Yanagisawa Pass to Shirasawa Pass, Koshu City, Yamanashi Prefecture, Saturday, September 7 2019

Coincidentally, I ended up hiking in another national park, this time the Chichibu-Tama-Kai National Park, the closest one to Tokyo. I took the limited express Chuo line all the way to Enzan – they updated this line to all reserved seating earlier this year, and I have to admit that so far it’s a positive change, since I’ve been able to get a seat every time, which wasn’t the case with the old system.

From Enzan station, I took a bus all the way up to Yanagisawa pass at nearly 1500m. After I got the bus I was able to see a good view of Mt Fuji, as well as some classic cars parked just behind the viewpoint. The last time I was there, I went East towards Mt Keikan and Daibosatsu Rei. This time I made my way first West, then North, along an easy to hike path through beautiful forest. I could hear deer but I couldn’t see them – I did see a toad though. Since there were no major peaks along the way, I saw almost no other hikers, and the weather was a lot better than I had expected – sun and clouds, but no mist.

Mt Fuji from Yanagisawa pass

I soon reached Yanagisawa no Tou 栁沢の頭 where there was another view, and a little further, I got to an even better viewpoint, Hanze no Tou ハンゼの頭 (1681m). I could see Mt Daibosatsu Rei, Mt Fuji, the Kofu valley and the entire range of the South Alps. Another hiker even pointed out the pointed peak of Mt Kinpu which I had completely missed. One of the best views in the area and almost completely deserted!

Mt Fuji with blue mountains in the foreground

After an enjoyable lunch, I continued along the long ridge that forms part of the backbone of the Koshu Alps, as the mountains of Yamanashi are called. I soon reached the Kasatori forest path – there was no signpost, but I instinctively turned left, and found the continuation of the hiking path a little further, just beyond the NTT antenna.

The South Alps – notice the pointy peak of Mt Shiomi in the middle

The path was flat and easy to hike, but as most paths in Japan, it didn’t last. I soon reached a steep downhill which took me to a construction site, a little surprising high up on the mountain. They were installing solar panels, something I’ve been seeing more and more on my hikes. Past the solar panels, I lost the path for a short while, but managed to get back on it soon enough. This is a trail that could certainly do with more signposting.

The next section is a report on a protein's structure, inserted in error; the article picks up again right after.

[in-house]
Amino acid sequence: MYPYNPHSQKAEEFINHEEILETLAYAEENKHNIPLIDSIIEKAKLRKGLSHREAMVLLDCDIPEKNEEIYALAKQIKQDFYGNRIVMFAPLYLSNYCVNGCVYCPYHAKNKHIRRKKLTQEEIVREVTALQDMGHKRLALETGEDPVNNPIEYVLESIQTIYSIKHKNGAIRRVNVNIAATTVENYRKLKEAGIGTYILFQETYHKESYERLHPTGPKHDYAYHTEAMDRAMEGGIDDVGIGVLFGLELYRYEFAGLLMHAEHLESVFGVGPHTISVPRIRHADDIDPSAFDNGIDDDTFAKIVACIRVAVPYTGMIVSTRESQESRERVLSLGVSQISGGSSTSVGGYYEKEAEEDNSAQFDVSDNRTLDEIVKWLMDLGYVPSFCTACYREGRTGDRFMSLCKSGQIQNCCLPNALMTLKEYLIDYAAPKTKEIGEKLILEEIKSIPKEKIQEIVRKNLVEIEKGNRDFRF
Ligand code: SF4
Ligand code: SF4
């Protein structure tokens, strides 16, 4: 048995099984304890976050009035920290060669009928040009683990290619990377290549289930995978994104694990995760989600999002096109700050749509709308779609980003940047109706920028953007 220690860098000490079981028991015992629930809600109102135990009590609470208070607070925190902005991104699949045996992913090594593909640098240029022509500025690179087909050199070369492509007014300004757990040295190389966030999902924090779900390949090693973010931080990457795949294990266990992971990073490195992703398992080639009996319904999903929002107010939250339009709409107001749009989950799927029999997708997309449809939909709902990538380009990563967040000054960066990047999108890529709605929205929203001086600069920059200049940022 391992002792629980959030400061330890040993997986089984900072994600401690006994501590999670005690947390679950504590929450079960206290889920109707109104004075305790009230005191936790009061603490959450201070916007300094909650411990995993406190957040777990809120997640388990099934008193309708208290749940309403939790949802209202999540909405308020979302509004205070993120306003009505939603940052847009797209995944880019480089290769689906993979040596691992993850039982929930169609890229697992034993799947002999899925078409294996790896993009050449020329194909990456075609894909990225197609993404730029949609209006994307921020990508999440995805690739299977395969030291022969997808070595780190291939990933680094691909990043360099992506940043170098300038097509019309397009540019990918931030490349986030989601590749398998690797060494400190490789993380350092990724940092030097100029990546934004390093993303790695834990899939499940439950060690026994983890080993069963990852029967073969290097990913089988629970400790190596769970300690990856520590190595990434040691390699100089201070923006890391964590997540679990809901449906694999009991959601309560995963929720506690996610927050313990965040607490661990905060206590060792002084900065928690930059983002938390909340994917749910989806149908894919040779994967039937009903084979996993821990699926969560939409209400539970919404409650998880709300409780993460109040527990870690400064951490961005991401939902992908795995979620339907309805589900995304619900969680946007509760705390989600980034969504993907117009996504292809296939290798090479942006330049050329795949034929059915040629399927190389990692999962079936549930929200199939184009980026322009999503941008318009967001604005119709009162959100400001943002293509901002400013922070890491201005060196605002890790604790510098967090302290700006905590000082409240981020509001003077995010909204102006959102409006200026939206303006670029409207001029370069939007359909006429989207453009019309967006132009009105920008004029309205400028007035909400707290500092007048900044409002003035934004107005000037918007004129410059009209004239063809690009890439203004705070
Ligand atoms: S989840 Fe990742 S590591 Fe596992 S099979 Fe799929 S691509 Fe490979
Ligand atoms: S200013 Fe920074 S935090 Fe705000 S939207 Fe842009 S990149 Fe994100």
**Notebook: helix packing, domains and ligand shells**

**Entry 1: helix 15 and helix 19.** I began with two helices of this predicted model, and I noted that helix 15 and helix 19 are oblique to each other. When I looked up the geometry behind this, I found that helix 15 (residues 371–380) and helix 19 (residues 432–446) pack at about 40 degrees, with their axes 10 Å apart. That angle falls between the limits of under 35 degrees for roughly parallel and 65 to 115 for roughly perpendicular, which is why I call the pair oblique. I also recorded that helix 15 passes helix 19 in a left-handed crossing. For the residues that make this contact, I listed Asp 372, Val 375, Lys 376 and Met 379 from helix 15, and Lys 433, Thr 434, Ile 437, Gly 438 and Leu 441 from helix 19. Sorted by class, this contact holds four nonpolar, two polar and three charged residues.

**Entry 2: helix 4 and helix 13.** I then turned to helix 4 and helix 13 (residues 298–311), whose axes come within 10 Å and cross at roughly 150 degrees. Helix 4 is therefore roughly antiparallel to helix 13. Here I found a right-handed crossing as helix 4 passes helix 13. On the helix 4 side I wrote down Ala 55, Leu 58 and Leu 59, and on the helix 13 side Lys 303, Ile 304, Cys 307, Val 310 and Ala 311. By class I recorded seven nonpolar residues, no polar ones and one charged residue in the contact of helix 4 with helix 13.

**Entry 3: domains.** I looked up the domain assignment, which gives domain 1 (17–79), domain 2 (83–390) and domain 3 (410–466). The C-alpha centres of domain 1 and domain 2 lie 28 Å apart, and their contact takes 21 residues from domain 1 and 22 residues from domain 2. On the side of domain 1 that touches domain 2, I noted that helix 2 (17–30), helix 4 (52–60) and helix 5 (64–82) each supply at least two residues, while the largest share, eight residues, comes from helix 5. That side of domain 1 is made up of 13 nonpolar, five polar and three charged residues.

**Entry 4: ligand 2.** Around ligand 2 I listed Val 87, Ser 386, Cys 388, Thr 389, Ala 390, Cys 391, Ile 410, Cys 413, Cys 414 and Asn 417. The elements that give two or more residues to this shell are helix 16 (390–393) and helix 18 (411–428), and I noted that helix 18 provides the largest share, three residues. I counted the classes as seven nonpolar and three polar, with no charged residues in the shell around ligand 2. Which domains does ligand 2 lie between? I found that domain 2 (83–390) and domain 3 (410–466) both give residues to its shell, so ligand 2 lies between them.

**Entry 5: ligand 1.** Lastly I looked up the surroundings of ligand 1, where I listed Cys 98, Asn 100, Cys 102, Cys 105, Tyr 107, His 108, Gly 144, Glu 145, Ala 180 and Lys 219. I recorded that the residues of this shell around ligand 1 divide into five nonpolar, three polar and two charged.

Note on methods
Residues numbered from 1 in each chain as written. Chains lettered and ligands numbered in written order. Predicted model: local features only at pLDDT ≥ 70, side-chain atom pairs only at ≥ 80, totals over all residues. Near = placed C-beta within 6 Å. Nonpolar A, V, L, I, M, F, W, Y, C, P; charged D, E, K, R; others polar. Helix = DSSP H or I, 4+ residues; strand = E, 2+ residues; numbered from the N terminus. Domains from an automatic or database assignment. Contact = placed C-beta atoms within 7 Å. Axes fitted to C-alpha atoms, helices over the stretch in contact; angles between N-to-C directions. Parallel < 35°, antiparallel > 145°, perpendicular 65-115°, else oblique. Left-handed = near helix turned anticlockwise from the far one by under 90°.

Clouds converging on Mt Daibosatsu Rei

Soon the path begun a series of steep uphills and downhills. I would love to recommend this hike to people who are looking for a not-so-challenging hike, but although the climbs and descents aren’t long, they were pretty steep! I got some nice views Eastwards of Mt Keikan and Daibosatsu Rei, as well as the triangular summit of Mt Kumotori further in the distance. In front of me was Mt Kasatori, and to the West was Mt Kobushi and Mt Kentoku. I had already hiked all these peaks and connecting ridges, so it was enjoyable to view them from a distance.

Looking back towards Tokyo

I was starting to wonder when I would arrive at Shirasawa pass 白沢峠 when I suddenly spotted a couple of people sitting in chairs in a clearing ahead. It was quite surreal since I hadn’t seen anybody for the past 3 hours. But here they were relaxing and smoking cigarettes in the middle of nowhere, as if they were at some campsite. There was also an abandoned vehicle in the middle of the clearing with a tree growing in the middle of it. I wasn’t too surprised to see it there, since I had seen photos of it while researching the hike.

It’s like something from a Ghibli movie!

There was a jumble of signs nearby and I couldn’t quite make out where I was, but surely not Shirasawa-toge! first I wasn’t at a pass; second there was no path heading down to the East. I asked the two people, not hikers, relaxing near the abandoned truck but they had no idea. The younger of the two vaguely gestured to the right saying that they had come up through the forest, but I couldn’t see a path. I decided to continue along the main trail.

Solar panels with Mt Kobushi in the background

I continued for nearly half an hour, during which the path went down a bit, and then started to climb again. It had turned into a wide and not so nice forest path. I was starting to wonder when I would get to the pass, when it suddenly hit me – the grassy area with the two guys and the car was the pass! I immediately turned around and started to run back. When I got back, the 2 guys had gone, and I found the path down to the bus stop – it was really faint and hard to see, but it was a proper trail.

Luckily it was easy to run and I sped down it as fast as I could. Soon I was following a mountain stream, and then I reached a dirt road, where I passed the two guys who were in fact motorcyclists. I half hiked and half ran, and finally reached the Koshu Kaido (which runs all the way from Tokyo) where I caught the bus (the same one as in the morning) back to Enzan station.

Japanese toad I spotted on the trail

Next up: Mt Mikuni in Gunma prefecture

November Snow Hiking, Daibosatsurei (2047m), Yamanashi Prefecture

With  early freak snowstorm, mountains in the Kanto area received up to 20 cm of fresh snow. I did a short reconnaissance up Mt Hiwada 日和田山 (305m) near Hanno station on Friday. Unfortunately snow and November temperatures don’t really mix, and everything was melting as if Mother Nature was trying to cover up some big mistake in a hurry.